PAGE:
Christopher Hitchens has come round to Tom Paine's view that things would have been far better if the French revolution had been more like the Americanby prospect / September 24, 2006 / Leave a comment
Thomas Paine’s Rights of Man by Christopher Hitchens (Atlantic Books, £9.99)
The life of Thomas Paine was mostly pretty wretched. He was born in Norfolk in 1737, to a father who combined the strait-laced trade of a corset maker with the rigorous creed of a Quaker. His education was curtailed because his father objected to his learning Latin, the language of Popery. After a desultory apprenticeship to his father’s trade he gave up carving corsets and became, as he put it, “the carver of my own fortune.” The enterprise was not a big success. After failing as a seaman for a couple of years, Paine returned to corset making, and failed again. Realising that he had an aptitude for figures, he managed to get regular work collecting excise-duties, only to lose it for falsifying his reports; and after winning his job back, he lost it a second time, as punishment for agitating for better pay. In the meantime he experimented with the life of a tobacconist and a servant, as well as seeking (it is said) ordination in the Church of England. In 1774, having gone through innumerable jobs, two difficult marriages, many gallons of alcohol, and far more money than he possessed, he turned his back on England to make a new beginning in America.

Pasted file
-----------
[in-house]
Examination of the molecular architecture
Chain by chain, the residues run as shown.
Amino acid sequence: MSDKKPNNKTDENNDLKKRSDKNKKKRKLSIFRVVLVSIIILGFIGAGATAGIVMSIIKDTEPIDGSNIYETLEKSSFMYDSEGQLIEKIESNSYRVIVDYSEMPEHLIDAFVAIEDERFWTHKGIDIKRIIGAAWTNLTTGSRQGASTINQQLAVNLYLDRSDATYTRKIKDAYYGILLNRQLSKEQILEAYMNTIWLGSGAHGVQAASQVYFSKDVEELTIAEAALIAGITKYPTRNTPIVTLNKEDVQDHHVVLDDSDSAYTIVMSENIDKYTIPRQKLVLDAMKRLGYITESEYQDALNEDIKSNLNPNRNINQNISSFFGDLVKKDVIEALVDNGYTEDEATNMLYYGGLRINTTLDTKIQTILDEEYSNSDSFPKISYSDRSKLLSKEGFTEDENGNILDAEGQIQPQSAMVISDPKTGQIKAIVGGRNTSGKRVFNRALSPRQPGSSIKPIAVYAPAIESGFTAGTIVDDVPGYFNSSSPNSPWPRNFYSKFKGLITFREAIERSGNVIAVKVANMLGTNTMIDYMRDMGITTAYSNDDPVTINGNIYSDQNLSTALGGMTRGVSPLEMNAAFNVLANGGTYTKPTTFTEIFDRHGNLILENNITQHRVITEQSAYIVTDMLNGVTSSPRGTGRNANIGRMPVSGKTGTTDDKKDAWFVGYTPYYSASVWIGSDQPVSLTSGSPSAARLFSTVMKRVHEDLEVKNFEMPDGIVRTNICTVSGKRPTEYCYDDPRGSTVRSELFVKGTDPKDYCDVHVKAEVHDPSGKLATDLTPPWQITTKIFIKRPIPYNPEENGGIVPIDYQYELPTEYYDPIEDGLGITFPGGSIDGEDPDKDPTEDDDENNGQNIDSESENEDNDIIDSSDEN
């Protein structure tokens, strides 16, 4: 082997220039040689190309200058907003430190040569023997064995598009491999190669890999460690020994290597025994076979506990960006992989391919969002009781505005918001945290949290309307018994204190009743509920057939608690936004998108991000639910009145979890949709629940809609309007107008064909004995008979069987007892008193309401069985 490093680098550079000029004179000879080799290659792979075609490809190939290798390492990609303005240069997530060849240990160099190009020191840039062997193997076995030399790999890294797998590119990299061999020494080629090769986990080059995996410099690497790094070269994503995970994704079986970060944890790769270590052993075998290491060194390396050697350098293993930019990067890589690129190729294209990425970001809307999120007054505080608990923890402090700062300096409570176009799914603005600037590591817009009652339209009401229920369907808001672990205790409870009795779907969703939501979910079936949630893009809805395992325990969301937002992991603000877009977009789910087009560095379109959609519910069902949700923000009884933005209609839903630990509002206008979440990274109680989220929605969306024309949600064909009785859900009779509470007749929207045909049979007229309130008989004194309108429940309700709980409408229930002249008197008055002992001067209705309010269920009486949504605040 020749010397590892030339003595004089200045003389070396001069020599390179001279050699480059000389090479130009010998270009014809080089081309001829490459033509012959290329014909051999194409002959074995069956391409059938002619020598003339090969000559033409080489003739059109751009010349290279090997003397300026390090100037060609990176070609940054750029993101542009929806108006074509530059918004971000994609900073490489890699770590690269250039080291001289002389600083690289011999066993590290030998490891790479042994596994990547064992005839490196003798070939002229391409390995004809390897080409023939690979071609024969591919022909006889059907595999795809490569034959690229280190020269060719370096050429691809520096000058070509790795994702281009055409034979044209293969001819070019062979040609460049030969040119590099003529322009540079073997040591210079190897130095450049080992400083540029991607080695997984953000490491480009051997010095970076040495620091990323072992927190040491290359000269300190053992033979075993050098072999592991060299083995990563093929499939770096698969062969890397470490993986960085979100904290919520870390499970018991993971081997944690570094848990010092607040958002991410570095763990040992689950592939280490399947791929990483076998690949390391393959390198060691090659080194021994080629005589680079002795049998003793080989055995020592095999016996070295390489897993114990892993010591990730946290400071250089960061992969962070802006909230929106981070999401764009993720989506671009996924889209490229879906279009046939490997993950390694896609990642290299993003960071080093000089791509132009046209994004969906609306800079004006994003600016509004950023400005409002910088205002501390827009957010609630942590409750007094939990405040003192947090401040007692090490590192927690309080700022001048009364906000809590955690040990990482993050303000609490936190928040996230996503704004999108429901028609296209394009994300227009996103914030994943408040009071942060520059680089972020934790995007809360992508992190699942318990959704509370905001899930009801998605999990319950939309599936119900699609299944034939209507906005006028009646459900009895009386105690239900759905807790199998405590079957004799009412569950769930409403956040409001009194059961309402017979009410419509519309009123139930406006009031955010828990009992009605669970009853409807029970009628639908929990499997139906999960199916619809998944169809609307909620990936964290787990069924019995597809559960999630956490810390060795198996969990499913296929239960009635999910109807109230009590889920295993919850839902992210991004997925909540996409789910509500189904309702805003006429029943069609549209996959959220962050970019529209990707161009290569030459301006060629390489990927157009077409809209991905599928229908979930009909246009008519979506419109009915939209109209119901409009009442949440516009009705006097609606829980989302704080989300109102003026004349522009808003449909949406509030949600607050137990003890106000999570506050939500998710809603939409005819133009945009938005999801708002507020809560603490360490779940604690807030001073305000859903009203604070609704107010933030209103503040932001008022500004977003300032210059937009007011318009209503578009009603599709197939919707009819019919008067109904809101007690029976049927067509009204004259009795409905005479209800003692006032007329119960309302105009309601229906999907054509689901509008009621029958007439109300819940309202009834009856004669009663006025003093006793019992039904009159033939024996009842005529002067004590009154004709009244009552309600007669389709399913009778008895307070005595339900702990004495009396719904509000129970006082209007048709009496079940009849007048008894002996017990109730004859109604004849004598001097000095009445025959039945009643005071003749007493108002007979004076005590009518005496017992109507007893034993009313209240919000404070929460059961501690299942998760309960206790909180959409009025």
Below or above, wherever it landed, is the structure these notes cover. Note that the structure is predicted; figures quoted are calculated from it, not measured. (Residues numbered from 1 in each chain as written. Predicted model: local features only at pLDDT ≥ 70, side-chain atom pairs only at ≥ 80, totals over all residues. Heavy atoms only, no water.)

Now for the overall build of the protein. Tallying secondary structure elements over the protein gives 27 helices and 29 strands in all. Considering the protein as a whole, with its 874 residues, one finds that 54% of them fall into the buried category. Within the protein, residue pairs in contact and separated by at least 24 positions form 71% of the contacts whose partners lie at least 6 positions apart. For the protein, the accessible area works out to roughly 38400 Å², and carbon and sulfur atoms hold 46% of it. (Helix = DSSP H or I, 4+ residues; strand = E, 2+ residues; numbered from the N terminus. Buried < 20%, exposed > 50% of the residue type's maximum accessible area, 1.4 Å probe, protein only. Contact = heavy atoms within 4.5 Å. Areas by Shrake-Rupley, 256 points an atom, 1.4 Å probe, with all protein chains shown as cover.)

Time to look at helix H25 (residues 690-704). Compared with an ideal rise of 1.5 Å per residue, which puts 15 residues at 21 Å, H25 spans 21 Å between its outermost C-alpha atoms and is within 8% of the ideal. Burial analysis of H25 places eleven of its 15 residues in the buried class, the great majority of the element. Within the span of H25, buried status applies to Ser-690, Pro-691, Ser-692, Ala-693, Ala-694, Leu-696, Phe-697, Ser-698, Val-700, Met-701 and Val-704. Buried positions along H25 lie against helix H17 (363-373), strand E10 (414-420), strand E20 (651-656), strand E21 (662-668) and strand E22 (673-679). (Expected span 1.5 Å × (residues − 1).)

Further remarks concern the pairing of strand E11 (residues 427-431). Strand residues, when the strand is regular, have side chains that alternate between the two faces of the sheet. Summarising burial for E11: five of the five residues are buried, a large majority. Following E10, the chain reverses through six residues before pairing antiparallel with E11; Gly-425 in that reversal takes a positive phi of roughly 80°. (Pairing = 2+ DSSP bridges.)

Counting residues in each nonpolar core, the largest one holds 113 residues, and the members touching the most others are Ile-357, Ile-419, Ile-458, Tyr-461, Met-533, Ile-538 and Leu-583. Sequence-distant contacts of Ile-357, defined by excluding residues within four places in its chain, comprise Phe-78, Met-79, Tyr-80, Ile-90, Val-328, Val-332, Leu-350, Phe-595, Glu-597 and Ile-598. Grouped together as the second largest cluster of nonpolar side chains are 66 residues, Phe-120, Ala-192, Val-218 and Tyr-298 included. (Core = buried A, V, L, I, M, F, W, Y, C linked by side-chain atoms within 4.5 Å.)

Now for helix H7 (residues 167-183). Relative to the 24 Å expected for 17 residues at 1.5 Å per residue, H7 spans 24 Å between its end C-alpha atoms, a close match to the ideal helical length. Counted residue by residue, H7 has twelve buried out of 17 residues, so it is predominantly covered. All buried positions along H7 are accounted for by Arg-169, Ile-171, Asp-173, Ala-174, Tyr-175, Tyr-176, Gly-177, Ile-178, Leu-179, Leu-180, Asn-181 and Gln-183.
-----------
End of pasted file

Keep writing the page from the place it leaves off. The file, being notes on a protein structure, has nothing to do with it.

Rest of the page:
At that point Paine was more interested in escaping his creditors than building a brave new world. But as soon as he arrived in Pennsylvania, with a serendipitous recommendation from Benjamin Franklin in his pocket, he found work with a printer and belatedly discovered his vocation. Soon he was editing the monthly Pennsylvania Magazine and using it as a platform for denouncing slavery. His journalism proved so popular that he turned his hand to an independent publication. Common Sense, addressed to the inhabitants of America, by “an Englishman,” was published in Philadelphia in January 1776, and Paine was scarcely exaggerating when he claimed that it met with a success “beyond anything since the invention of printing.” Paine’s summons to rebellion against British rule was perfectly timed, and about half a million copies would be printed in the next few years. He may have been a middle-aged lush and a journalistic novice but he had suddenly become the literary mentor of the American revolution.
With Common Sense, a new kind of political writing was born. Paine took over…